It wasn’t until that day that I found out Charlie was the mastermind between David and I meeting. He overheard my mom ask me over the phone about my plans, and later asked her what I said. My mom didn’t think twice about the question, and wouldn’t have mentioned it to me anyway since she knew I didn’t get along with Charlie. In his Best Man speech, Charlie told everyone he knew me so well, he knew that David would be my soul mate. He asked David to meet him at that restaurant. The fact that my best friend also ran late was just a happy accident. He was so overjoyed to see that we had met on our own that he hugged me at the restaurant. He told David that I was also his Sweet Pea, not just my parents’ and that he knew that the person he adored most in the world would be well taken care of forever.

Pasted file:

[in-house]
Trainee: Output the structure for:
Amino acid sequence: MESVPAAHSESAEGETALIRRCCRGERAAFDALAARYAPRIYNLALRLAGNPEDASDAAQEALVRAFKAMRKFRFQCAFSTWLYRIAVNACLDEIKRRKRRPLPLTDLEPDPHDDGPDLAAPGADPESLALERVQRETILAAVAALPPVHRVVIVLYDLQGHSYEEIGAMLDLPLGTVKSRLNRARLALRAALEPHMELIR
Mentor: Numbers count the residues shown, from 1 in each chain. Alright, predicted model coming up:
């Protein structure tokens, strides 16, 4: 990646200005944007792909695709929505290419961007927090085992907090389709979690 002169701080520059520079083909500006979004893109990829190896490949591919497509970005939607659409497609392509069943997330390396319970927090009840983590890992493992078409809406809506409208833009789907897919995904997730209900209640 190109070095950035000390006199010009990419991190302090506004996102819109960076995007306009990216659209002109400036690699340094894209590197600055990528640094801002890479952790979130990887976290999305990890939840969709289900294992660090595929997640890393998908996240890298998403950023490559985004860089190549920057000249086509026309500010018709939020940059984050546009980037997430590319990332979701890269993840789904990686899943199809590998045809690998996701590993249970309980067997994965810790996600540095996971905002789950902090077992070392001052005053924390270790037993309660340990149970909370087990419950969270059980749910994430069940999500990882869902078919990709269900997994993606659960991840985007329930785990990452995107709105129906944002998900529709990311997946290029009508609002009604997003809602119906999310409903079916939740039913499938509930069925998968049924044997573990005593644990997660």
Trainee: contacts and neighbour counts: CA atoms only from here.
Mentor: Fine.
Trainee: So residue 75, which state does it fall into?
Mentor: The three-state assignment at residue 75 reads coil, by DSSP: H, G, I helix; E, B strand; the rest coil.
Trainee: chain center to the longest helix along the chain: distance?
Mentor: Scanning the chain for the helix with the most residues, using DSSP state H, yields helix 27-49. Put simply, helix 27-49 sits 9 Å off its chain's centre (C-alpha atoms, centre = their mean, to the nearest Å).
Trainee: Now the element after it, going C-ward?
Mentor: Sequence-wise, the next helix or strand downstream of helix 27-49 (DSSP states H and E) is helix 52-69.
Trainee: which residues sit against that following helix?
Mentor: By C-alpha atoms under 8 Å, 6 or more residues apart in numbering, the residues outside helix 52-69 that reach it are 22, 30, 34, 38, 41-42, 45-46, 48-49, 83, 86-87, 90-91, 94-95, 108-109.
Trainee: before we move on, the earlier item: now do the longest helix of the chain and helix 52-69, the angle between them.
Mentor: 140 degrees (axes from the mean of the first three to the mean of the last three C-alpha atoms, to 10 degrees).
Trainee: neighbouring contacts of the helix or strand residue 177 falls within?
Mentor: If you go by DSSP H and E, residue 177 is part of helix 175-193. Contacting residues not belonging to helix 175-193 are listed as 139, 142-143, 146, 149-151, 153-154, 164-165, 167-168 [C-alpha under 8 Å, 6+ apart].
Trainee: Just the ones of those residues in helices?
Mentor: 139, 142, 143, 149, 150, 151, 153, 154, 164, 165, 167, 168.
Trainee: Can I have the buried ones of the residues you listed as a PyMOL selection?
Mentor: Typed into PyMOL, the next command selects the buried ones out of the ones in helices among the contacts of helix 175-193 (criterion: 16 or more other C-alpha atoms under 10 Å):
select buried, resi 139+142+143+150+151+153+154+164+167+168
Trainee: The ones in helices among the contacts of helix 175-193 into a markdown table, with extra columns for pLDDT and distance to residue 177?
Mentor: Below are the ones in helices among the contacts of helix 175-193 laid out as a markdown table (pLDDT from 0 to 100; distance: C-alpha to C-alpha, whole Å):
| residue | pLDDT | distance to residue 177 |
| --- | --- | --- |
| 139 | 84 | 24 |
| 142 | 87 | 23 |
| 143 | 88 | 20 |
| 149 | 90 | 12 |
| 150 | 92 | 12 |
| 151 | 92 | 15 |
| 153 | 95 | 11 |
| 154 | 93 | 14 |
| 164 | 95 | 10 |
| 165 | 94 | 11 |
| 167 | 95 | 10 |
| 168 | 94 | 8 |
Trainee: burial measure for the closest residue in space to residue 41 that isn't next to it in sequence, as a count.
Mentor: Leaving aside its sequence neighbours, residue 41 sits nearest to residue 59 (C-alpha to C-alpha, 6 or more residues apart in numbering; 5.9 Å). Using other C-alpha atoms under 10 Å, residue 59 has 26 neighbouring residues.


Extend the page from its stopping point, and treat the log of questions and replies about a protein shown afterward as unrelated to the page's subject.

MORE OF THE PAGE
That night, I finally got my dance with my dad. I also danced with my little brother. I guess some people can’t help being annoying. He is no longer Stupid Charlie, he is now my little brother, Charlie.

Today’s prompt was: “I was trying my best not to lose my temper, but sometimes it seems like Charlie’s main goal in life is to make me angry,to make me lose my cool. He’s been doing this for years,starting with the time…” I really didn’t know where it was going except that Charlie would be a sibling. Instead of making it a story about fighting, I made it a story about reconciliation. Life is too short to hate your siblings.